The idea for this book has been growing over the last few years and has been nurtured by visitors to our service, of all disciplines from many different National Health Service (NHS) Trusts in the UK, as well as visitors from overseas. Feedback has on the whole been very good, but the recurring theme from visitors has been the desire to take our protocols and guidelines and replicate the service elsewhere. This seems to be a good idea, but a busy NHS clinic has not proved an appropriate place to be able to impart details of our experience to others.
Consequently, the basis of this book is to collect together the experience and knowledge of a multidisciplinary team who have worked in this area for over 10 years. It draws together several areas, including basic knowledge of pathophysiology, how to set up and develop a service, as well as useful management strategies and treatment interventions. On a practical note, it includes complete copies of the patient information that we have developed and found useful, proformas for assessing individuals, protocols for different interventions, nursing care plans, and an integrated care pathway for outpatient spasticity management. These protocols are, of course, specific to our service, but could easily be adapted and tailored specifically for use in other centres.
This is not, however, an exhaustive text, and there are clearly some areas that are not covered in detail as they fall outside our area of expertise - for instance, specialist seating and orthotics, and the details of neurosurgical procedures. These areas are clearly referenced to allow easy access to more information.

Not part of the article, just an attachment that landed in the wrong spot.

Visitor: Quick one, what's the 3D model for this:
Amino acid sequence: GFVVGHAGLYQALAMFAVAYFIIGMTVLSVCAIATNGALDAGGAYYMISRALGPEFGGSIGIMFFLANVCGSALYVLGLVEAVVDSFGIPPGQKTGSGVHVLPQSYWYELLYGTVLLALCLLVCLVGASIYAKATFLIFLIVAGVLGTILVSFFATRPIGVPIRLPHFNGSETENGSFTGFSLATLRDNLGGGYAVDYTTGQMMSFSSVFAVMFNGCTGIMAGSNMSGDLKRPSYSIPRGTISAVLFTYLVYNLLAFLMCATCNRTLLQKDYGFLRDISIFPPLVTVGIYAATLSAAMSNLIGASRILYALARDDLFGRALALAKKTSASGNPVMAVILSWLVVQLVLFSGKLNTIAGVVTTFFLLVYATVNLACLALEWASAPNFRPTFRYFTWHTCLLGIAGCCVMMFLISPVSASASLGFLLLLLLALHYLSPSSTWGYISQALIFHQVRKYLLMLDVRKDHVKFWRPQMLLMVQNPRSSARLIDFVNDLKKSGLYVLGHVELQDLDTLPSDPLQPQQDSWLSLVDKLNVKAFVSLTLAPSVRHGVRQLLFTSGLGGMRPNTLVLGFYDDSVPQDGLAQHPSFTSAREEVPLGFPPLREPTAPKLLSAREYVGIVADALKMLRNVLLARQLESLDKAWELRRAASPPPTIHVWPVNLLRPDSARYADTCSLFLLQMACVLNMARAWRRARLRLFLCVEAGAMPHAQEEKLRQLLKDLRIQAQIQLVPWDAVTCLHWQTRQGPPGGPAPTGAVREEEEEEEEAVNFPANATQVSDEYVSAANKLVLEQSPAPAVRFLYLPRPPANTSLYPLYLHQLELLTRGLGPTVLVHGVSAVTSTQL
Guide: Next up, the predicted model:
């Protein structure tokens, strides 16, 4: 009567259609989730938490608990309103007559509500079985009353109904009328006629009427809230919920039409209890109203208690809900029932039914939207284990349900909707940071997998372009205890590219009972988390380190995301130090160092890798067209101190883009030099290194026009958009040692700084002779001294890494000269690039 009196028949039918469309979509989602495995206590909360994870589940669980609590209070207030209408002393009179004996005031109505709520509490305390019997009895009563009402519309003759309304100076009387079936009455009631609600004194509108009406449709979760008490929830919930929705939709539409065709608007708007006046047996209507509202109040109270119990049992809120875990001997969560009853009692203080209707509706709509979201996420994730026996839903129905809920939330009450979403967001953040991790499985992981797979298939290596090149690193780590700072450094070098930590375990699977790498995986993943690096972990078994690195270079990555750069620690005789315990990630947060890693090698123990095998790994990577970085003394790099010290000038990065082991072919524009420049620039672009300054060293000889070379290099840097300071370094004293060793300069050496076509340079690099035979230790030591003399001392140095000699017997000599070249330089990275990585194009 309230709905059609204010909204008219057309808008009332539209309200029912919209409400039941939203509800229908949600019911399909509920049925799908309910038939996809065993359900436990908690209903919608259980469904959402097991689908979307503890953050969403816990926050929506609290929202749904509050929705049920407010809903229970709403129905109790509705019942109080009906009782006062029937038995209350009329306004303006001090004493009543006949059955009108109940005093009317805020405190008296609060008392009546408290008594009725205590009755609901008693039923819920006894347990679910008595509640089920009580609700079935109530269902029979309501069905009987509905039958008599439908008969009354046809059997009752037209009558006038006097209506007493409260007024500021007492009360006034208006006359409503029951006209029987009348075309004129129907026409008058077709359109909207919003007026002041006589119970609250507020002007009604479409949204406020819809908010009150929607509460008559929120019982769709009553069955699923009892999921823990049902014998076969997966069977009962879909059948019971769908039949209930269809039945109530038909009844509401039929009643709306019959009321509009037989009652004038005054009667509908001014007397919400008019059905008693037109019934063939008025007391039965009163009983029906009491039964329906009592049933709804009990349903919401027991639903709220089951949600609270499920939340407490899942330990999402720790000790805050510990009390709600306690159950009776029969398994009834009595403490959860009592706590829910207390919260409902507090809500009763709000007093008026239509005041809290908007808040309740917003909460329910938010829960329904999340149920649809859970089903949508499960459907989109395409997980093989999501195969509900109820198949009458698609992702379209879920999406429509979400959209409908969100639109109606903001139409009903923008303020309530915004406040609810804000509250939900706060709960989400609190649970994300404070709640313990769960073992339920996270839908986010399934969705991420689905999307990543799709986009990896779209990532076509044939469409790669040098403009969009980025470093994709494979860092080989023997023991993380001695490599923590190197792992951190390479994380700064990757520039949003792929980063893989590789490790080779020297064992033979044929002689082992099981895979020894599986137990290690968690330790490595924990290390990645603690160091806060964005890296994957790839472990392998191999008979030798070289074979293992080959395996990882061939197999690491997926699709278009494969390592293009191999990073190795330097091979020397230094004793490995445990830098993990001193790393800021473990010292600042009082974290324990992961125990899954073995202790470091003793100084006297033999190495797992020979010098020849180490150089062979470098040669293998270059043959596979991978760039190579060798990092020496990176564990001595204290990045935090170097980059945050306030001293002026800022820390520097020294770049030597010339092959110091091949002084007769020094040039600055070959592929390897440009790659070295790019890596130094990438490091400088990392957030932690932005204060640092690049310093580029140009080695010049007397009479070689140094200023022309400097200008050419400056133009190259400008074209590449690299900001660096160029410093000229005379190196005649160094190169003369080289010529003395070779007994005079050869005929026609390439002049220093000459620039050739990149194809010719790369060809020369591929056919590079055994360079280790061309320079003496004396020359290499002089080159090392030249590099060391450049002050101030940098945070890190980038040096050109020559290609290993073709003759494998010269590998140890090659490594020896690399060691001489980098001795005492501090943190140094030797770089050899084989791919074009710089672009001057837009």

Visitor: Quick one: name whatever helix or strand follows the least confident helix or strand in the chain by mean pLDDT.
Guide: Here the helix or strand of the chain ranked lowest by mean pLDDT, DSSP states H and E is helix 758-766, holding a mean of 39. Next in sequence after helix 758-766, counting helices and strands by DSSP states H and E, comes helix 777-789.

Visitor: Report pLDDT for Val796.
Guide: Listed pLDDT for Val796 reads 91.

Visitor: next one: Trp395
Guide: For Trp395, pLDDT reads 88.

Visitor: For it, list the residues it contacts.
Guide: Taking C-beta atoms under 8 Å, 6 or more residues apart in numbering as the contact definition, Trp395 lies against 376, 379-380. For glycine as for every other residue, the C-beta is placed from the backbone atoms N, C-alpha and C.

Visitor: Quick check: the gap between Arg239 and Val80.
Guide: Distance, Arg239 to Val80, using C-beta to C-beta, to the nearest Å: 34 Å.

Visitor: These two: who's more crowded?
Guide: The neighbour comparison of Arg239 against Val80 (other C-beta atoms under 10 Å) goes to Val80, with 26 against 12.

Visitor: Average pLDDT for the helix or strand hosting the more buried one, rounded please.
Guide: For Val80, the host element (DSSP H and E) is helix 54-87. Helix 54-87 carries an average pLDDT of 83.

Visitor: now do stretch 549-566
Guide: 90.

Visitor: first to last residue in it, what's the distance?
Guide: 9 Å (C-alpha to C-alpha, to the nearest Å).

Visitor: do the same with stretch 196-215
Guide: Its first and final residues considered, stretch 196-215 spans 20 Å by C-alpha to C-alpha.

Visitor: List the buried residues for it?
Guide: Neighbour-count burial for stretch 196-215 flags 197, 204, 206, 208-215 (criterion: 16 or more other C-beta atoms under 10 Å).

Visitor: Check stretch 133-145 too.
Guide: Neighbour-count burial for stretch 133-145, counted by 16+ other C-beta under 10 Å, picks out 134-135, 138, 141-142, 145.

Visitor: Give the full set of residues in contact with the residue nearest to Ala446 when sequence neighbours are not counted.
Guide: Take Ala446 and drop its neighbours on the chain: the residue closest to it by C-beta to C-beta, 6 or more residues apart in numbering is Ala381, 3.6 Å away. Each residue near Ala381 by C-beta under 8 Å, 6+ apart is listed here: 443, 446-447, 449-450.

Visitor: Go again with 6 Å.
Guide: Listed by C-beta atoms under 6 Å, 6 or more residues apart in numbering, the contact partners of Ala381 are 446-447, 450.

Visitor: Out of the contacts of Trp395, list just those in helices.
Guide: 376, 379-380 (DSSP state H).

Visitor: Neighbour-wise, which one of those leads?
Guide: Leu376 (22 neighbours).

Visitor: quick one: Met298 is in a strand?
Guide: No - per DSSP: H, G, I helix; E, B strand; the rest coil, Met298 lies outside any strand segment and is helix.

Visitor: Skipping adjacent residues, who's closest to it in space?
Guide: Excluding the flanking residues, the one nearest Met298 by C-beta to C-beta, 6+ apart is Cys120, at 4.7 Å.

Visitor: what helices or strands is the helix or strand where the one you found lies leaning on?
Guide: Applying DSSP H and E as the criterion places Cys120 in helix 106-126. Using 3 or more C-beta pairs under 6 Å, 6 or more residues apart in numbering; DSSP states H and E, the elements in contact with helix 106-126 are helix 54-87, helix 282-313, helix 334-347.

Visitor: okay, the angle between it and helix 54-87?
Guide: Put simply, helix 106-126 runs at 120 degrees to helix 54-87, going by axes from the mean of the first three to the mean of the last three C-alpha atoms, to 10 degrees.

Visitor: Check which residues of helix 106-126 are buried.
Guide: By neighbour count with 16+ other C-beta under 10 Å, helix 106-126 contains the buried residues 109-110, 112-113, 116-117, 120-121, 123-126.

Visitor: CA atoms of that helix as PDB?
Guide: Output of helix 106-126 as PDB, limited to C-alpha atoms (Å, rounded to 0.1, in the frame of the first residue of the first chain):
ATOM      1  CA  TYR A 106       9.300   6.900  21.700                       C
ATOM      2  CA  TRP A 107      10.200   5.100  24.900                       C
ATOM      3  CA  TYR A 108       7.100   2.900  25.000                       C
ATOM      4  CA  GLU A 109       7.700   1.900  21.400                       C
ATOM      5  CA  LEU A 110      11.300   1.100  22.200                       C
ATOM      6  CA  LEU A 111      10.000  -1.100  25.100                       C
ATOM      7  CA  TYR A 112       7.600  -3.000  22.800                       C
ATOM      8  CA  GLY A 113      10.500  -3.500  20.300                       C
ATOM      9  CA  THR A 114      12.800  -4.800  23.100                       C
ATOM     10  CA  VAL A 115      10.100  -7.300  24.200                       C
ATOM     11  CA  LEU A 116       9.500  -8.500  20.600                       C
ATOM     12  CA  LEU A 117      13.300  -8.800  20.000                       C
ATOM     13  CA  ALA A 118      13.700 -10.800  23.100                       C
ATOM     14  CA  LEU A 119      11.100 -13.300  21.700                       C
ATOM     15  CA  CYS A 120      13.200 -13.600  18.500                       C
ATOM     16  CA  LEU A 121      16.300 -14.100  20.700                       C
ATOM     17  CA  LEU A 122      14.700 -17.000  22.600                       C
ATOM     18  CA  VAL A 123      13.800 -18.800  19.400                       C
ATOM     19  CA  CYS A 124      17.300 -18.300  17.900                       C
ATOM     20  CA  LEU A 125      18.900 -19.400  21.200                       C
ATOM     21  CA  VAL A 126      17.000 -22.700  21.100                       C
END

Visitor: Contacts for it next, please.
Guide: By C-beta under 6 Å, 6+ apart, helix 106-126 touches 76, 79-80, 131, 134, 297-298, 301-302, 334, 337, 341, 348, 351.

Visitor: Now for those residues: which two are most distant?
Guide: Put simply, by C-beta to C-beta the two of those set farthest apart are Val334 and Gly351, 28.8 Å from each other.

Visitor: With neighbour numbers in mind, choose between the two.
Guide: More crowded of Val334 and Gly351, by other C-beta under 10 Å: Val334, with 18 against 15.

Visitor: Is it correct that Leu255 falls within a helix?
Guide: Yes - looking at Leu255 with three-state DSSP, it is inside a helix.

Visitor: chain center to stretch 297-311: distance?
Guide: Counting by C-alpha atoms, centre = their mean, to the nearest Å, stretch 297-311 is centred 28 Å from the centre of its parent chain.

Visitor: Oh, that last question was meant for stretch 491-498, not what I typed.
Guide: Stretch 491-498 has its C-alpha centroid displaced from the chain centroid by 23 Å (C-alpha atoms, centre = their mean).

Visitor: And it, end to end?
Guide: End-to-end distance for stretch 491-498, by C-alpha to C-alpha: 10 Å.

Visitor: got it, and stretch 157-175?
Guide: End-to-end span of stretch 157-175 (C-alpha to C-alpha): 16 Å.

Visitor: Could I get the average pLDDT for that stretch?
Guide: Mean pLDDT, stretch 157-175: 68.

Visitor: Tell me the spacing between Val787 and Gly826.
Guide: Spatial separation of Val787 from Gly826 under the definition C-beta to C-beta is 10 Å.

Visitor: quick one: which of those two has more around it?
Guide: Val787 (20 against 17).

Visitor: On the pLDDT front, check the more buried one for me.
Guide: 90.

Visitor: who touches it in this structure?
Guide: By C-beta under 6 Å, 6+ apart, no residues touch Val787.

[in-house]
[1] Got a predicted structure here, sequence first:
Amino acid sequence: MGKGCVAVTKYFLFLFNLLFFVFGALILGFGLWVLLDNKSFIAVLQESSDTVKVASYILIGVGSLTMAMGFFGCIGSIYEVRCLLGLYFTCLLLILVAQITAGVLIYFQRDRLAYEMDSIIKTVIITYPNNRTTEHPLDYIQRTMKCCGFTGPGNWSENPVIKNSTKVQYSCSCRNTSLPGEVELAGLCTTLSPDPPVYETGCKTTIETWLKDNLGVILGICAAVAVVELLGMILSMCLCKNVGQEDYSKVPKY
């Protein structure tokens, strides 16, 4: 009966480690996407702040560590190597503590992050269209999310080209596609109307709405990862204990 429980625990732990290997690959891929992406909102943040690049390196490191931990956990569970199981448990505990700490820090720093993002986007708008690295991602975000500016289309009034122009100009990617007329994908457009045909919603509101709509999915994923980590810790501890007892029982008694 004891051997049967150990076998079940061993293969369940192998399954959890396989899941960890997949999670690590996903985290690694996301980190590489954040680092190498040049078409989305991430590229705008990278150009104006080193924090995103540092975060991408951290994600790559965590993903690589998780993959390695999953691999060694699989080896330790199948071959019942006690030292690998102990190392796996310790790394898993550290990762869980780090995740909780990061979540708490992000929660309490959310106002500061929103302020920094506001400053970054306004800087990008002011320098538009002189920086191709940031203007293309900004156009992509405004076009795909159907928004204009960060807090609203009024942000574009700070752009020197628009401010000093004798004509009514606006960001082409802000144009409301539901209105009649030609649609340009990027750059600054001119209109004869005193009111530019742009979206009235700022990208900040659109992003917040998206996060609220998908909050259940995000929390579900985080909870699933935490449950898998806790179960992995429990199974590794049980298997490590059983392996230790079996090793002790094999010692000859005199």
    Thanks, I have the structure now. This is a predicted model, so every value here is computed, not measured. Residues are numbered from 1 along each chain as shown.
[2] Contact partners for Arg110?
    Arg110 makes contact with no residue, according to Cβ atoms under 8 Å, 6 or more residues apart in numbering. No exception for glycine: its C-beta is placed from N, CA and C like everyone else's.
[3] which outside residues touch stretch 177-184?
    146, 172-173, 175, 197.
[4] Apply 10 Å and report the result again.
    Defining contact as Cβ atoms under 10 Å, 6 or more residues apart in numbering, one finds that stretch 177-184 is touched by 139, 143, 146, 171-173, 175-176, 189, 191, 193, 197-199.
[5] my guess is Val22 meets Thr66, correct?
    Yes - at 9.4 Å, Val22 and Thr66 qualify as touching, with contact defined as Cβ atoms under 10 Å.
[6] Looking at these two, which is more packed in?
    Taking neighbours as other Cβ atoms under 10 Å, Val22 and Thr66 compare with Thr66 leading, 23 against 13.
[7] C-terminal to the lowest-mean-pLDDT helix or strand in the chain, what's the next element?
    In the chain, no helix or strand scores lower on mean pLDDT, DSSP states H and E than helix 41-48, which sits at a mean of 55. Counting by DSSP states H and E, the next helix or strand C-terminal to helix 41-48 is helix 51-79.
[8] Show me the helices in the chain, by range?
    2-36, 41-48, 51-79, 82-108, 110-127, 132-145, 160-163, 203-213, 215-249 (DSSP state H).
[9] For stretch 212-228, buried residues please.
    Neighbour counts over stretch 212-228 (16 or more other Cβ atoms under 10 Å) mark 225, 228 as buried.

We are not claiming that this is the 'right' or only way to run a spasticity service, and there is certainly room for improvement, but we hope that by sharing our experience we can help others to develop their own service and thus improve management for all individuals with spasticity.
One of the recurring themes throughout this book is the emphasis on the importance of all team members being involved in providing education to the person with spasticity and if appropriate their carers and families. We believe strongly that by facilitating individuals with spasticity to learn how to manage their own symptoms and become 'expert patients', many of the previously common consequences of suboptimally managed spasticity can be avoided. Before we can educate others, we do of course need a sound knowledge base of our own. Optimum management of spasticity is dependent on an understanding of its underlying physiology, an awareness of its natural history, an appreciation of the impact on an individual, and a comprehensive approach to minimising that impact that is both multidisciplinary and responsive over time.